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While the world has missed out on its chance to own a genuine Canonical-made, Ubuntu OS-powered smartphone (for now), it seems that you can’t keep a good operating system down. A post on PC World today reports that Canonical plans on releasing Ubuntu Touch for certain mobile devices on October 17, a little less than a month from today.

The release will coincide with that of the latest version of Ubuntu Linux, version 13.10, to be precise, for PCs. What’s cool about Ubuntu Touch, of course, is that when you dock it with a monitor, the device becomes a full Ubuntu-running PC. The OS will take the next step in the evolution of computing, meaning you won’t have to sync devices…everything you’ll need will be in one fully loaded gadget.

That said, your computing options are of course limited by the capabilities of said device. The post points out that the developer version of Ubuntu Touch, which was released back in February of this year, works on Samsung Galaxy Nexus smartphones, and Nexus 7 and Nexus 10 tablets—basically, devices that run stock Android, and not any weird, modified versions that come from handset manufacturers (like HTC’s “Sense,” for instance). And while those devices are plenty powerful, it’s not like you can run Photoshop or boot up Steam on your Nexus 7 or Samsung Galaxy.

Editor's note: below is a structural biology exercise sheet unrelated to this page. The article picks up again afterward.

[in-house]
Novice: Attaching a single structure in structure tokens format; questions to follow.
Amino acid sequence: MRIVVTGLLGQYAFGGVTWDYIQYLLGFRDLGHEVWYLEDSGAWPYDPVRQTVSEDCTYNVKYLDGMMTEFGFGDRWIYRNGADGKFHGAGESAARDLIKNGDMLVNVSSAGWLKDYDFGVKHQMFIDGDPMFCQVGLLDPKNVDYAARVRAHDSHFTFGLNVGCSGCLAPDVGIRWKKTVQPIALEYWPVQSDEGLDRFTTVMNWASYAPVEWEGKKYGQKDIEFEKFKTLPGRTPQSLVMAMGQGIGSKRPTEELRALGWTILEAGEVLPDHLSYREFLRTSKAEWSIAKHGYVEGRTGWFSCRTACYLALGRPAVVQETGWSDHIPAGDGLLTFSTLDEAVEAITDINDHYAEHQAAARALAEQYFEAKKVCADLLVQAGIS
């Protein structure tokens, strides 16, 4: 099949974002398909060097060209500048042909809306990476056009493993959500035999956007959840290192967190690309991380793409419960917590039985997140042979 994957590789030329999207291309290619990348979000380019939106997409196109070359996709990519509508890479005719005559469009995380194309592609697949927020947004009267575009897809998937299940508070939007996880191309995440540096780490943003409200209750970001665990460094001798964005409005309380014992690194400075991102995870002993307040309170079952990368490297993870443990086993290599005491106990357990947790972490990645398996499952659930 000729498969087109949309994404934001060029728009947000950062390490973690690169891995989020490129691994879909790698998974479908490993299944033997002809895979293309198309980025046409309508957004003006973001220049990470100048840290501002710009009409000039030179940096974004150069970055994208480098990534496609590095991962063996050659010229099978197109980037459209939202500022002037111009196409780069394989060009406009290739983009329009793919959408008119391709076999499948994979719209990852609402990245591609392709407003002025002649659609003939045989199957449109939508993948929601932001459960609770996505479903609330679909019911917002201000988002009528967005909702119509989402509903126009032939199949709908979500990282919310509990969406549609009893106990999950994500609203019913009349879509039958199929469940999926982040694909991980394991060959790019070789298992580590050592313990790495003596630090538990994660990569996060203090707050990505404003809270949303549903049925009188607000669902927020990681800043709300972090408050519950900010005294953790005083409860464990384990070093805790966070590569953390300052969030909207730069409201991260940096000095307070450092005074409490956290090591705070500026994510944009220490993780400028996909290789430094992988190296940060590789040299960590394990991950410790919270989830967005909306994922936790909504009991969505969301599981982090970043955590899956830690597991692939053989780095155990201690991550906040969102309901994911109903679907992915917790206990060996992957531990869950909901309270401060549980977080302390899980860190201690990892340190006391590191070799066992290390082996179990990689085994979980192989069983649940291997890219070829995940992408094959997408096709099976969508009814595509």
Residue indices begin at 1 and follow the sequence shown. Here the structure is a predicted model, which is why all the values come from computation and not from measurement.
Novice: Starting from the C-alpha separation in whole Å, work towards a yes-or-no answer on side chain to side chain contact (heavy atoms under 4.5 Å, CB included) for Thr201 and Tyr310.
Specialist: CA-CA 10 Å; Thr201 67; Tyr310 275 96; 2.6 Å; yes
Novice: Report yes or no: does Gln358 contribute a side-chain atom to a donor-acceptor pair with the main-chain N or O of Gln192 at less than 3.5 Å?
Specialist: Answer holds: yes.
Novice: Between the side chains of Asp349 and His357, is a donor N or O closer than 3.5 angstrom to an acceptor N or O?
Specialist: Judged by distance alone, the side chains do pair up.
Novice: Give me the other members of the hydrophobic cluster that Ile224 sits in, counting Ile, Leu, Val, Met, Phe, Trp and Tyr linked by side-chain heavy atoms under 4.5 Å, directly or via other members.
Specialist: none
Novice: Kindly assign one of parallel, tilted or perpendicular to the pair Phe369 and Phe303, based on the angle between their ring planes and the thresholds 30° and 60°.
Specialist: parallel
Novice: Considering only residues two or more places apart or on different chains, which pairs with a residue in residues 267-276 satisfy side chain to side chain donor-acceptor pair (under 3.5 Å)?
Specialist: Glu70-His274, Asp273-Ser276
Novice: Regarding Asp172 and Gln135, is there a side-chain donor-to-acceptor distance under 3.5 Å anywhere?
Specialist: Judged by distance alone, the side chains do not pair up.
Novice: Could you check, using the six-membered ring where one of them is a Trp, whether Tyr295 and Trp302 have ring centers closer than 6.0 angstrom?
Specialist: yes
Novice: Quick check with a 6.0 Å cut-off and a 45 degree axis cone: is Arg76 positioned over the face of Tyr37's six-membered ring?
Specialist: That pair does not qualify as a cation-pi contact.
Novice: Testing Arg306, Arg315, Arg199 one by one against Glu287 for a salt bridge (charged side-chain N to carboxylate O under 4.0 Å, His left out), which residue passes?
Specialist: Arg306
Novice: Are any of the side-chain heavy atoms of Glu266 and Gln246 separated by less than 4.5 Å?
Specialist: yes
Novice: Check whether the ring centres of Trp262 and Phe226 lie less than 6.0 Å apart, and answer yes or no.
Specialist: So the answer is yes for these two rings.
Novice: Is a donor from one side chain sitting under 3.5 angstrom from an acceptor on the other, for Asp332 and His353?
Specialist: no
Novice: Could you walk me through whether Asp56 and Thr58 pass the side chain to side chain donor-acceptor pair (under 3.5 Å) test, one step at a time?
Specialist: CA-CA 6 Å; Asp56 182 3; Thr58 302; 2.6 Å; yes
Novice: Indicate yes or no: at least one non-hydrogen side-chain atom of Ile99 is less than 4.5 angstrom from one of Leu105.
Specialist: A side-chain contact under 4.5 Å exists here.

On the flip-side, lots of computer users, from business people to every day folks, don’t need much juice to get the full computing experience these days. For many people, word processing, spreadsheets, email, and web browsing are all they need—and these smart-devices can do that easily. Being able to hook one up to a monitor to go from mobile to desktop is a pretty great feature, and one I can see easily catching on. But you also have to wonder how many non-power computer users would actually know to look for Ubuntu Touch in the first place. What I mean is, I think the people who would benefit most from what Ubuntu Touch has to offer don’t even know about it.

But what do I know? I’m just speculating. I’ve never even used Ubuntu Touch, though I’m keen to give it a try. The PC World post says that devices running the mobile OS may start showing up in stores in late 2013 or early 2014. Furthermore, while the Indiegogo crowdfunding campaign for Canonical’s dedicated Ubuntu Edge smartphone failed to earn its target amount, raising $12 million is pretty remarkable. Don’t be shocked when the company announces a new campaign with a $12 million goal shortly after Ubuntu Touch is launched next month.


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